• I have often said, and I repeat it, that the only thing in a Judge's decision binding as an authority upon a subsequent Judge is the principle upon which the case was decided: but it is not sufficient that the case should have been decided on a principle if that principle is not itself a right principle, or one not applicable to the case; and it is for a subsequent Judge to say whether or not it is a right principle, and, if not, he may himself lay down the true principle. In that case the prior decision ceases to be a binding authority or guide for any subsequent Judge, for the second Judge who lays down the principle in effect reverses the decision.
    • Jessel, M.R., Osborne to Rowlett (1880), L. R. 13 C. D. 785.
  • Decisions are to be followed as precedents.
    • Leach, M.R., Walsh v. Wallinger (1829), Tamlyn's Rep. 429.
  • Judicial opinion has varied a great deal, and must vary a great deal, when you consider the ground upon which that judicial opinion or those judicial opinions have been founded.
    • Jessel, M.R., Besant v. Wood (1879), L. R. 12 C. D. 620.
  • It is the principle of the decision by which we are bound, not a mere rule that in exactly the same circumstances we are to arrive at the same conclusions. Therefore to say that the decisions are wrong in point of principle, if that principle was clearly laid down, does not relieve us from the obligation of following the principle of the decision, because the whole theory of our system is, that the decision of a superior Court is binding on an inferior Court and on a Court of co-ordinate jurisdiction, in so far as it is a statement of the law which the Court is bound to accept.
    • Sir W. M. James, L.J., Merry v. Nickalls (1872), L. R. 7 Ch. Ap. Ca. 750.
  • Judicial decisions in Courts of justice are ranked by Lord Hale as one of the grounds or constituents of the common law.
    • Tindal, L.C.J., Balme v. Hutton (1833), Moore & Scott's Rep. 61, referring to Hale's "History of the Common Law," c. 4.
  • A considerable part of the law of England consists of judicial decisions, and in the very nature of things this must be so. Every decision upon a debated point adds a little to the law by making that point certain for the future.
    • Stephen, J., Reg. v. Coney and others (1882), 15 Cox, C. C. 58.
  • It is very dangerous for a Judge who does not agree with particular decisions, to deal in distinctions from those decisions.
    • Jessel, M.R., In re International Pulp and Paper Co.; Knowles' Mortgage (1877), L. R. 6 C. D. 559.
  • I think that the proper and safe course is to follow a decision of a Court of co-ordinate jurisdiction, unless some cogent reason is given to the contrary.
    • Kekewich, J., Evans v. Manchester, &c. Rail. Co. (1887), L. J. (N. S.) 57 C. D. 157.
  • It is a matter of great difficulty to a Judge who disapproves of a decision to be quite sure that he is honestly distinguishing the case in which it was given from the case before him. Of course, the inclination of his mind is to find every distinction sufficient, and therefore he must be particularly on his guard to see that he does not unfairly distinguish with a view to getting rid of the original decision. I have tried in every instance before me to be thus on my guard, but whether I have succeeded or not will be for others to say.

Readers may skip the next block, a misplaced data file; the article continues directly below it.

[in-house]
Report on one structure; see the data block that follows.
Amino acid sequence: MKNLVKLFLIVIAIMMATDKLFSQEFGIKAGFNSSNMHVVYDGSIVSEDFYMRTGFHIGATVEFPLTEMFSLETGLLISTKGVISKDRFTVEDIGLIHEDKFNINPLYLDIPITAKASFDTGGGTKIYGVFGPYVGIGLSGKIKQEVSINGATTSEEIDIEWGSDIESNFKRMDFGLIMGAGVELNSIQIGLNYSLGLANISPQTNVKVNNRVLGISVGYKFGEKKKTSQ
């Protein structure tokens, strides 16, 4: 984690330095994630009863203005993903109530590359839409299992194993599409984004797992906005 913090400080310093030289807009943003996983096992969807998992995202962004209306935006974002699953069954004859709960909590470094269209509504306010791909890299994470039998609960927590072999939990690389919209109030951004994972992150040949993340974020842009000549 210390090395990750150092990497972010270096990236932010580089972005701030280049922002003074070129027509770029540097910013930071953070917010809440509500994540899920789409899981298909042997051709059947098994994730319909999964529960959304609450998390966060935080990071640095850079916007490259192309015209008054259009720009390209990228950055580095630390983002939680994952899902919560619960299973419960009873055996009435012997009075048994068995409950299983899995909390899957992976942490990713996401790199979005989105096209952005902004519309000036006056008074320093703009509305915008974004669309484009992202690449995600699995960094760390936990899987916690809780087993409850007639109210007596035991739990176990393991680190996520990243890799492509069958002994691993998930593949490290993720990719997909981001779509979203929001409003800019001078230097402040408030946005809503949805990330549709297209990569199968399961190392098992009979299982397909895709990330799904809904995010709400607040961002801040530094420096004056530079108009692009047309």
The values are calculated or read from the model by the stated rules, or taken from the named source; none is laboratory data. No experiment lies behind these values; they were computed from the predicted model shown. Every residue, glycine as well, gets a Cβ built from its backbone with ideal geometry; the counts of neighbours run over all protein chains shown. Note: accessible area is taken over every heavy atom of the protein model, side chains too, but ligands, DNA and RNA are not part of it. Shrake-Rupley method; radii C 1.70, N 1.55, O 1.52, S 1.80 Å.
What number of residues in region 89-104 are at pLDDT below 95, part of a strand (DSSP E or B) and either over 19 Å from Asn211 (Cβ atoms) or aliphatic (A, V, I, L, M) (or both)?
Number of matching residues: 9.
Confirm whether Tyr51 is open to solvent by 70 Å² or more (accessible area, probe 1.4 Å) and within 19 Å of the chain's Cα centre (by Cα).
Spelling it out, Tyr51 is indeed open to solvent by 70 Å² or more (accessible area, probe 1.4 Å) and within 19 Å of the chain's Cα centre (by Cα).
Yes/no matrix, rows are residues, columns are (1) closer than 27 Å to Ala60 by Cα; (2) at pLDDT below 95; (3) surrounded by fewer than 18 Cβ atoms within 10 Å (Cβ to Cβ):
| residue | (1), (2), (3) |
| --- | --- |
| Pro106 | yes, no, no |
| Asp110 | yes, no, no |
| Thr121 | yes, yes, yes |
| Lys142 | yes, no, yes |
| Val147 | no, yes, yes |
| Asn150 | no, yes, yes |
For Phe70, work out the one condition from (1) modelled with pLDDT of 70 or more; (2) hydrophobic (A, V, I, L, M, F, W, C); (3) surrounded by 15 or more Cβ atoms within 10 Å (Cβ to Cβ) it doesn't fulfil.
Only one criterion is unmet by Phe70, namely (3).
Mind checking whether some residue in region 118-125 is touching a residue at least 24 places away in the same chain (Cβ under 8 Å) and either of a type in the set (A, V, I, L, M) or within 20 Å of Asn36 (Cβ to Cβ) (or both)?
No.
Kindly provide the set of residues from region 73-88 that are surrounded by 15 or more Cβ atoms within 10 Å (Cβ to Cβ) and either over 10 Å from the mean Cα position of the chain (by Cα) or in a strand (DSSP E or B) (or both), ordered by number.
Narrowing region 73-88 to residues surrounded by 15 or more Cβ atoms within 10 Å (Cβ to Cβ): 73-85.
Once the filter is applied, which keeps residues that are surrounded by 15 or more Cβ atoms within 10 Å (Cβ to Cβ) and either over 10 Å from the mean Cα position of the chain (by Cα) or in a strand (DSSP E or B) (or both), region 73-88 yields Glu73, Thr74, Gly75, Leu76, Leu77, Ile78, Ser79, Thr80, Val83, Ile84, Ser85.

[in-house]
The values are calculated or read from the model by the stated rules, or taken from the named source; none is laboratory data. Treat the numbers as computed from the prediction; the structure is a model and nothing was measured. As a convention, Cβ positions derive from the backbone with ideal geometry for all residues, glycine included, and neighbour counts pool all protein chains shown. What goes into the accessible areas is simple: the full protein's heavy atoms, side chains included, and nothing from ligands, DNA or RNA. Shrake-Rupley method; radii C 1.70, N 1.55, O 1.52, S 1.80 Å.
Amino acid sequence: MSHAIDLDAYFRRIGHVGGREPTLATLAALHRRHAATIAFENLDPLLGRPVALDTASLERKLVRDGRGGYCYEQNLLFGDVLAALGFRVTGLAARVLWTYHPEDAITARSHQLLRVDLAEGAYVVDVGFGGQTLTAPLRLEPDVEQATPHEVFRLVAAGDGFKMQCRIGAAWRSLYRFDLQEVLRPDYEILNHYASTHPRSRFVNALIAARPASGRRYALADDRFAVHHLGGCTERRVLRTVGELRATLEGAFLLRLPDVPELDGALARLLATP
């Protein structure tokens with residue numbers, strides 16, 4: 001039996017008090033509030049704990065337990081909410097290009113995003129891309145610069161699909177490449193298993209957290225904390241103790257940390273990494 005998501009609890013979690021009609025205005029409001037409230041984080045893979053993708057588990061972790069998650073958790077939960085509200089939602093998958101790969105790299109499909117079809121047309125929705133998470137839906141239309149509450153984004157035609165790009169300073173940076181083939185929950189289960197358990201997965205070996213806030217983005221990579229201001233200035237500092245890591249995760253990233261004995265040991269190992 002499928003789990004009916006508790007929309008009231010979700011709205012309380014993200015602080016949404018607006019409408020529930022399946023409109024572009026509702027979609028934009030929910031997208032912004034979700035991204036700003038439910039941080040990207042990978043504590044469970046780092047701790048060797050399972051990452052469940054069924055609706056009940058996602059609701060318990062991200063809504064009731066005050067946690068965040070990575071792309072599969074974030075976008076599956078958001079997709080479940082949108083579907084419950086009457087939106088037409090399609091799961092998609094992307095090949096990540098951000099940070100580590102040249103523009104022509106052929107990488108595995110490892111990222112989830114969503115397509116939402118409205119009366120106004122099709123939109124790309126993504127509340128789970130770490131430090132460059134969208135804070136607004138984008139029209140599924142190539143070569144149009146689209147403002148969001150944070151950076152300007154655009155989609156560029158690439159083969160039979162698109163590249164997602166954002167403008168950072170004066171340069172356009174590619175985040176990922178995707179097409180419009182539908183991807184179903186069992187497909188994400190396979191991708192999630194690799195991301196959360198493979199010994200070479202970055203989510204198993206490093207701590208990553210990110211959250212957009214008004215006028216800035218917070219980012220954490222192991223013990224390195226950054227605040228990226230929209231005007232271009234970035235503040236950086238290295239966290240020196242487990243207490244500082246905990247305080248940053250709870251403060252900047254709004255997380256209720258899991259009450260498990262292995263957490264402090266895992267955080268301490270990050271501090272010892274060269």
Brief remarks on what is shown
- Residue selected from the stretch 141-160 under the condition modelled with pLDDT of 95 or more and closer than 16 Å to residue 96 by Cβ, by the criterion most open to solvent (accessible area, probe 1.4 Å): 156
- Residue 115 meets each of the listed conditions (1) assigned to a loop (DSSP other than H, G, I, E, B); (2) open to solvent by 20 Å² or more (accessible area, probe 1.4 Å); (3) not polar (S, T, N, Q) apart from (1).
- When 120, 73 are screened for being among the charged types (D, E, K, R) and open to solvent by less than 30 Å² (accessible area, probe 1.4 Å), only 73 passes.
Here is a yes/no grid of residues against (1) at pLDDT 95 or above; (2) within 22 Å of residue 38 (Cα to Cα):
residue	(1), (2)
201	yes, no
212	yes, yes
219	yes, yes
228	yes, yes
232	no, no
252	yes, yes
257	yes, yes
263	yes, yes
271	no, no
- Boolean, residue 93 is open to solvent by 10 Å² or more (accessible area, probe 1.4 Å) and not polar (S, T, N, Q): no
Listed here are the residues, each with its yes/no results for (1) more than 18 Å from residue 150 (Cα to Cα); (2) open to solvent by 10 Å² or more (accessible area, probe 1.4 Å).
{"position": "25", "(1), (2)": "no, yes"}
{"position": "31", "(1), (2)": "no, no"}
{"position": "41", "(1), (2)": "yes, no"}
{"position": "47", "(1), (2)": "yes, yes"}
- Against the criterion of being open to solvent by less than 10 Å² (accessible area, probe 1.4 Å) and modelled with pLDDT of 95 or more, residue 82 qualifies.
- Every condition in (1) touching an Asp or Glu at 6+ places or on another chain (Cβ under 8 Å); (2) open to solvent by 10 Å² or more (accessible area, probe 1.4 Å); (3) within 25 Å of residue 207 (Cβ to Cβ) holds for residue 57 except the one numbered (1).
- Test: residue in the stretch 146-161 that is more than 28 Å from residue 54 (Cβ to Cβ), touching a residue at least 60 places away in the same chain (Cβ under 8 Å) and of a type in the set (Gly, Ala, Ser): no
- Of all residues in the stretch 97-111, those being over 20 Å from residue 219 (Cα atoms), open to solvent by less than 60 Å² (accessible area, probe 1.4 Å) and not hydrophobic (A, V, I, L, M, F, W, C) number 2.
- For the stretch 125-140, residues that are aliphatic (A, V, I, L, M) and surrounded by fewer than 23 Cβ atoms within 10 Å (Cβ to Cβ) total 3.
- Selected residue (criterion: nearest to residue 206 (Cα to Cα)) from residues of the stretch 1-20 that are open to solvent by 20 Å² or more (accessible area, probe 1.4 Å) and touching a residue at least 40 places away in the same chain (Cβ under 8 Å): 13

• Jessel, M.R., Smith's Case (1879), L. R. 11 C. D. 587.
  • I will have it done, that it may remain a decision in perpetuam rei memoriam.
    • Holb, C.J., Tutchin's Case (1704), 14 How. St. Tr. 1101.
  • A great deal of difficulty has been caused in the administration of the law, and particularly of the common law, by decisions in which technical rules have been formulated which were not true—that is, were not in accordance with the facts of the case.
    • Lord Esher, M.R., In re North, Ex parte Hasluck (1895), L. R. 2 Q. B. D. [1895], p. 269.
  • When we find a series of decisions running down from the time of Sir William Grant, we should be very cautious, and very slow to overrule them.
  • A series of decisions based upon grounds of public policy, however eminent the Judges by whom they were delivered, cannot possess the same binding authority as decisions which deal with and formulate principles which are purely legal.
    • Lord Watson, Nordenfelt v. Maxim Nordenfelt Guns and Ammunition Company (1894), L. R. App. Ca. Part 5, p. 553.
  • A collection of records may be the result of professional knowledge, research, and skill, just as a collection of curiosities is the result of the skill and knowledge of the antiquarian or virtuoso.
    • Bowen, L.J., Lyell v. Kennedy (1884), L. R. 27 C. D. 31.
  • I must look at the decision with reference to all the circumstances which led to it.
    • Kekewich, J., In re England (1895), L. R. 2 C. D. [1895], p. 109.
  • Where there is a decision precisely in point, it is better to follow it.
    • Lord Eldon, Townley v. Bedwell (1808), 14 Ves. 596.
  • The headnote is the fair epitome of the decision.
    • Kekewieh, J., Ashworth v. Roberts (1890), L. J. Rep. (N. S.) 60 C. D. 28.
  • Mankind naturally give evidence to the constituted Courts, and reputation is incurably damaged by their decisions, whether erroneous or not.
    • Lord Penzance, Borough v. Collins (1890), L. R. 15 P. D. 85.